Wednesday, September 18, 2013

Lamb among wolves.

Reading an excerpt of Jhumpa Lahiri’s Man Booker nominated The Lowland the other day, I remembered a long-lost old friend. His name was Shyam Guha. He was an Art Director in the Calcutta office of Clarion-McCann. I got to know him rather well in the late sixties and early seventies. We became friends working together on ad assignments on most of his fairly frequent visits to the Bombay office.

Shyam was a gem of a human being. He was probably the only innocent and guileless Bengali I came across in Clarion’s Bhadralok mafia during the eleven years, seven months and four days I worked for the agency. He was loved – nay, revered – by all the studio guys although none of us could quite fathom the reasons for him being invited once too often to Bombay because we had a surfeit of Art Directors and Visualizers of our own.

Rumour had it that the guys sent by the head office suits were spooks trained to keep an eye on the locals and report back. None of us believed it of Shyam, though. In fact, we used to look forward to his visits eagerly. I used to rib him about the spooks business and he would take it sportingly. There was definitely some truth in the 007 rumour, though. There definitely were spies from the Bong skies among us. One of them was a suit who chewed the bones as well as the meat of a chicken dish served to him. I can vouch for this trait confidently as he used to come home to dinner at 233 Khetwadi Main Road at times. The other was a creative guy who would visit us occasionally and spend the whole working day strolling around the office presumably trying to catch snatches of conversation in the corridors and at the water fountain.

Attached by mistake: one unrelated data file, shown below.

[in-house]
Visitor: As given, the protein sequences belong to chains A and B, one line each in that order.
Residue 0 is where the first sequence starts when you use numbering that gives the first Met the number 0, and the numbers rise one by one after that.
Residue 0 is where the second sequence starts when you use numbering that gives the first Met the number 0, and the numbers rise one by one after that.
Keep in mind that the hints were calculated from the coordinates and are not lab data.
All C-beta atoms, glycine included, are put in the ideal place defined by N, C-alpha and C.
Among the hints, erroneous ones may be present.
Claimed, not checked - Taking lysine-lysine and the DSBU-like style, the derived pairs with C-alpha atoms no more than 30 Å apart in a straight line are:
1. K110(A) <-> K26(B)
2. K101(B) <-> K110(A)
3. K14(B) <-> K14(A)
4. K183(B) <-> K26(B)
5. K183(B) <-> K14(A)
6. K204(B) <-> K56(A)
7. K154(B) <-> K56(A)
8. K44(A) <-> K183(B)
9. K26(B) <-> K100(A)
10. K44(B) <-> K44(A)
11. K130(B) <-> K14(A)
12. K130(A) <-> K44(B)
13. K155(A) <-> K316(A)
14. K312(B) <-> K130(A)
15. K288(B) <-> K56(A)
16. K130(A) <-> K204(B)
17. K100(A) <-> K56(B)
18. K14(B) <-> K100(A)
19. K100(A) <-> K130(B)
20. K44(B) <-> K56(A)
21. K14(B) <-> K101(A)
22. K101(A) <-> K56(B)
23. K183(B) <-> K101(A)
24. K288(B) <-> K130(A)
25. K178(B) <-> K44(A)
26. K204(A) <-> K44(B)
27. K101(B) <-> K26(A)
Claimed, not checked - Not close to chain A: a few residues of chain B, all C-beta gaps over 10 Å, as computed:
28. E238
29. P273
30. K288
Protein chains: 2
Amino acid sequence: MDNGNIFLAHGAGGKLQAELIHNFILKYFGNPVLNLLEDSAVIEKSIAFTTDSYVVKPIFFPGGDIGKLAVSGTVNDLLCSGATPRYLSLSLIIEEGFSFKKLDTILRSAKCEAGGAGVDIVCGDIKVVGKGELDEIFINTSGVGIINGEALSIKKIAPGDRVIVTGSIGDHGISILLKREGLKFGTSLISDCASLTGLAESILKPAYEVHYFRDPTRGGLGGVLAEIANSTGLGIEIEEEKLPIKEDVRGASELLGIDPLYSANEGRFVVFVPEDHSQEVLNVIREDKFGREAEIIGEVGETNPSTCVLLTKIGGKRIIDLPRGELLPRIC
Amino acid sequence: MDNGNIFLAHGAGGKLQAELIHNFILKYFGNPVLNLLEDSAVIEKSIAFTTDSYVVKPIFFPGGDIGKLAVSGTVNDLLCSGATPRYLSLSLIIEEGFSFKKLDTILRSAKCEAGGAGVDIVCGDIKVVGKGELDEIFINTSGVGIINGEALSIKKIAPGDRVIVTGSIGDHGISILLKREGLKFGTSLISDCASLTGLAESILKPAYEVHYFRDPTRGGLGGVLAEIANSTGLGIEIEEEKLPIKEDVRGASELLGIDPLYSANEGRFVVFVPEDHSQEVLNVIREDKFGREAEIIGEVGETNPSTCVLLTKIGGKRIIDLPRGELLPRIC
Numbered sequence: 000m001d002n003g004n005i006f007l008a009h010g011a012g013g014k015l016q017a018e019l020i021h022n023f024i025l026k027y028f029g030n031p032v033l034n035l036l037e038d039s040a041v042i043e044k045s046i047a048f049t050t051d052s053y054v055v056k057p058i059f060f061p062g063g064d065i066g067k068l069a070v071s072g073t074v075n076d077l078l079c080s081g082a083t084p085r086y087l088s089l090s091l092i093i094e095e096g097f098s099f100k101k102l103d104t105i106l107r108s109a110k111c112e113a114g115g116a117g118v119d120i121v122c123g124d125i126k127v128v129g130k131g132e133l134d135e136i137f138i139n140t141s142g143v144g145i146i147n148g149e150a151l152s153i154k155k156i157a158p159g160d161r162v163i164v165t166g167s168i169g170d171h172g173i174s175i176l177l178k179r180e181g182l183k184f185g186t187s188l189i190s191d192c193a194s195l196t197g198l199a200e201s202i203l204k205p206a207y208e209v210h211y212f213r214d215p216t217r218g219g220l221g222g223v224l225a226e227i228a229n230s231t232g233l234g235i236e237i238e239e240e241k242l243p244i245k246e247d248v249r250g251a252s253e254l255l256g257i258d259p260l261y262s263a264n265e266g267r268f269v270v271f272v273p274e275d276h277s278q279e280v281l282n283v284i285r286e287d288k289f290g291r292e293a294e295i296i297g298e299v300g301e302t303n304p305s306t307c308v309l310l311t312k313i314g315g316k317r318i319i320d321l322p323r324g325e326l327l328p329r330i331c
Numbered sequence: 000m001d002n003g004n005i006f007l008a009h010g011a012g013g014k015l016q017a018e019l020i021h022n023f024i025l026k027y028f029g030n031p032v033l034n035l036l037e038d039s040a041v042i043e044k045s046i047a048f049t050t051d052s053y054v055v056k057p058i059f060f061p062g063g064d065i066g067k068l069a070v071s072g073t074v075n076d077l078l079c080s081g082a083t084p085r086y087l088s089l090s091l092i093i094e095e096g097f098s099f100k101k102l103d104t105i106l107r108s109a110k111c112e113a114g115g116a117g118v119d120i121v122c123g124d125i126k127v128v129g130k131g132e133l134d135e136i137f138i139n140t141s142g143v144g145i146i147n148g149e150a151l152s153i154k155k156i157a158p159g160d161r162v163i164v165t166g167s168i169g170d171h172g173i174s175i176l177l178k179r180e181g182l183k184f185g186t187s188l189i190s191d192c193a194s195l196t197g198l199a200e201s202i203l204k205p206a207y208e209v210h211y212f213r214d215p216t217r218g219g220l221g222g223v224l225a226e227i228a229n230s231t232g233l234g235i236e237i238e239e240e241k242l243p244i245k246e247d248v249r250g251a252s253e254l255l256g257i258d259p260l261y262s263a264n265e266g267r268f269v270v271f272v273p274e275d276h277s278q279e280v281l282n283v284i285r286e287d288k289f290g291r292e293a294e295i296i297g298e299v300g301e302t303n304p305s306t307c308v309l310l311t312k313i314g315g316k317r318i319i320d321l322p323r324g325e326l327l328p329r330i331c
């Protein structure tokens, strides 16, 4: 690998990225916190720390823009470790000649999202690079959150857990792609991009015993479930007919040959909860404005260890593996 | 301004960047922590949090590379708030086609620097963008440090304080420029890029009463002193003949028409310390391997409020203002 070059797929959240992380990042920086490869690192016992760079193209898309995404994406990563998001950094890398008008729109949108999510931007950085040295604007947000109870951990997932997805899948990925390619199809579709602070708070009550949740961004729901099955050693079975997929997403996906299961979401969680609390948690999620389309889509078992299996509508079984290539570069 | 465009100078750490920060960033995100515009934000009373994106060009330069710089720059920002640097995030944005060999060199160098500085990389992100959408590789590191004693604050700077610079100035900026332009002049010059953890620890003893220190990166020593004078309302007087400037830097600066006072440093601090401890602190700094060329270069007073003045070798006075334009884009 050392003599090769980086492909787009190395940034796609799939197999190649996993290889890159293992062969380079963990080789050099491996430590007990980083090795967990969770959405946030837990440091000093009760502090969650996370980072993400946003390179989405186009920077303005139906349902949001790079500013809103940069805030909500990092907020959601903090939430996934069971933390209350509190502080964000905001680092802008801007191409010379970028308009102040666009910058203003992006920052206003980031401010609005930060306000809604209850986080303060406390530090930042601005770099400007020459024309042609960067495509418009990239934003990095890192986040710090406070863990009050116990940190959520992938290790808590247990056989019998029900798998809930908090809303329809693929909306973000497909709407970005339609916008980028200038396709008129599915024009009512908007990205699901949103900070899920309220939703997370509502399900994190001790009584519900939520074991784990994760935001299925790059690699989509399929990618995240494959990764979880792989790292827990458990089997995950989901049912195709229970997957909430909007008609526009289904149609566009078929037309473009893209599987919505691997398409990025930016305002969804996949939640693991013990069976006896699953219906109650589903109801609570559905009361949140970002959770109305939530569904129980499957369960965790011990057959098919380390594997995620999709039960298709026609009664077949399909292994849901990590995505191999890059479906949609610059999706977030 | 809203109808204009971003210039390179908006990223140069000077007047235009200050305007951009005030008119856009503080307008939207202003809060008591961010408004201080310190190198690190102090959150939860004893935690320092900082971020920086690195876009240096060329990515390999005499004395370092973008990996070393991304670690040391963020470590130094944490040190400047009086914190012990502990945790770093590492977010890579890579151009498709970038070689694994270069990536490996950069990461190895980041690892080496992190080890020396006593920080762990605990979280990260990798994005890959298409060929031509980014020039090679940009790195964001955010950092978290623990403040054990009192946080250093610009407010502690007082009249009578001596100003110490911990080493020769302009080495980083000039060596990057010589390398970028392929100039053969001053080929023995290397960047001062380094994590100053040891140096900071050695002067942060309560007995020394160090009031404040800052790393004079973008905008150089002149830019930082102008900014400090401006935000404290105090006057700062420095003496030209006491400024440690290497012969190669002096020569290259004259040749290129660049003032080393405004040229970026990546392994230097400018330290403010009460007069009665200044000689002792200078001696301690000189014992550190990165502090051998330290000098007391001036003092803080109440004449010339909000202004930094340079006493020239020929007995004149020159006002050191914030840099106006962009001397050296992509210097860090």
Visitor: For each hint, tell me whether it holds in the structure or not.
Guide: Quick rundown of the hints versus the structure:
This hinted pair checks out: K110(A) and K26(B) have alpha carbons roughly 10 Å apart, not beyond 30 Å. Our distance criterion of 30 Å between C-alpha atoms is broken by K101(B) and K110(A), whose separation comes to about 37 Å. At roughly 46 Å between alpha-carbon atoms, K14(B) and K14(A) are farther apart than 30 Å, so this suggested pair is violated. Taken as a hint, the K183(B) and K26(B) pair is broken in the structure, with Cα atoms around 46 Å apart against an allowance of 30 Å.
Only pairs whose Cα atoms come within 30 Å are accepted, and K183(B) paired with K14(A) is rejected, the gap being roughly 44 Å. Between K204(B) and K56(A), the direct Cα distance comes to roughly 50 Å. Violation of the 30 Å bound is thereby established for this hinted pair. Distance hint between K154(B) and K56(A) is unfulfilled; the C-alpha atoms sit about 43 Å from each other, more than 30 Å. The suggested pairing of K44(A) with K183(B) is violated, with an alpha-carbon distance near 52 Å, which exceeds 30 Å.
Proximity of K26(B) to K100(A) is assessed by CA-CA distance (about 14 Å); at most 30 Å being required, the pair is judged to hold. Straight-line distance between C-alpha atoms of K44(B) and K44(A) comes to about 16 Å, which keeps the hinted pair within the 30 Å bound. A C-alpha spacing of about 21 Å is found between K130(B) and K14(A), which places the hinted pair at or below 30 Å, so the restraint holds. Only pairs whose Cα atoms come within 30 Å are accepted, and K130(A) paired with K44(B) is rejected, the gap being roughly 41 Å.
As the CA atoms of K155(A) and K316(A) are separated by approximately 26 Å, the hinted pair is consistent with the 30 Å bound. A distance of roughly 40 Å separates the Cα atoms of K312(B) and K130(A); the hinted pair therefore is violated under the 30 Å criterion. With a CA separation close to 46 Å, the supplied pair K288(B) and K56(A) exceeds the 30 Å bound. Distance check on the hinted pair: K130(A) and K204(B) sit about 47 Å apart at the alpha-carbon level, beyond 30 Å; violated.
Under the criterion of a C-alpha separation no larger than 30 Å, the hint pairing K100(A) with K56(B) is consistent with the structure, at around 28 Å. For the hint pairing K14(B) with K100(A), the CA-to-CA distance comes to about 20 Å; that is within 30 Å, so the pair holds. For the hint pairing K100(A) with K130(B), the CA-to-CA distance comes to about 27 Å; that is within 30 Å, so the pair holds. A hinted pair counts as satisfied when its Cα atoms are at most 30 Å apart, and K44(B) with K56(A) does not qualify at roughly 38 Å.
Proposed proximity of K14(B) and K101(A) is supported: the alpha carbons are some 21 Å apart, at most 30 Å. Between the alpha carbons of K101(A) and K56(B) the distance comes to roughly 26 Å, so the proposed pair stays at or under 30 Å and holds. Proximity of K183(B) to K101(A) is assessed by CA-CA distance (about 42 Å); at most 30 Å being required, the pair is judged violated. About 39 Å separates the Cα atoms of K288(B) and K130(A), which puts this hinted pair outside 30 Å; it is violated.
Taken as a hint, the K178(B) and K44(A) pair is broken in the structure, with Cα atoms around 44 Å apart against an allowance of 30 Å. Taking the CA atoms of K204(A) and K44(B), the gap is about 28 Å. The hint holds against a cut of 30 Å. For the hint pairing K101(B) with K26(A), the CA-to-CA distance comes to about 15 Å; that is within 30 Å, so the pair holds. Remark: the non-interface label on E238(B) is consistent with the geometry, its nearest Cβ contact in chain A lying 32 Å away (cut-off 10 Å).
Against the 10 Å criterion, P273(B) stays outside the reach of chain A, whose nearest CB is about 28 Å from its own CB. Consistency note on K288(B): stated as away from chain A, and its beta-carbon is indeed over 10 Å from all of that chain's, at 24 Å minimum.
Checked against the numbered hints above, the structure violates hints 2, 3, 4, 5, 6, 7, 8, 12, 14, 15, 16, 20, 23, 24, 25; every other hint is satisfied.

As for Shyam and I, sometimes, we would taxi down to the Strand Book Stall during the lunch break for a quick browse. I remember Shyam gifting me a copy of the Marguerite Duras screenplay of Hiroshima Mon Amour, a Calder & Boyars paperback with the signature black and white cover. Shyam also regaled me with his tales of almost daily after-work tippling at the legendary Calcutta landmark, Olympia Bar in the company of his like-minded colleagues.

His other repertoire of stories included those about the Naxalites who then were a recent addition to the Calcutta scenario. Both of us were sympathetic to the cause these urban guerillas were battling for. Shyam did not seem to know any of the Naxals or their families personally. He also had not witnessed any of the street battles. What he was passing on to us was chiefly hearsay although his narratives were always compelling and riveting. Whenever he came home to dinner, this was one topic of conversation Ujwal and I used to look forward to listening.

During his Bombay sojourn, Shyam usually lodged with the Bombay Resident Director, Subrato Sen Gupta, now deceased. The Sen Guptas apparently did not have a spare latch key for the front door of their palatial Neapean Sea Road flat. So Shyam had a curfew to observe whenever he planned an evening out. He had to be back and in bed by 11:00 p.m., the family retiring hour, exactly one hour before the witching hour. This deadline was the theme of our favourite parting shot every time he took our leave hurriedly and distractedly after dinner.

By the time I decided to quit Clarion in 1976, Shyam’s visits to the Bombay office had petered out. We lost touch with each other because both of us were bad letter writers. The “out of sight, out of mind” bug was also probably at work.

I picked up the threads of the Shyam Guha episode once again much, much later. In the late nineties, to be exact. I got acquainted with a Calcuttan on-line because of my column on the Hindustan Times website at that time. Well educated and cultured, she was married to a widely-connected advertising guy. She happened to mention Prasanto Sanyal and other denizens of the Clarion Bhadralok in one of her emails. I promptly asked her if she could get her husband to trace the whereabouts of Shyam. Much to my chagrin, after a bit of to-ing and fro-ing, her spouse hit a dead end in his pursuit of my will-o’-the-wisp. There was no Shyam to be found. It seemed he had retired from Clarion long ago and moved bag and baggage out of the metropolis for terra incognita.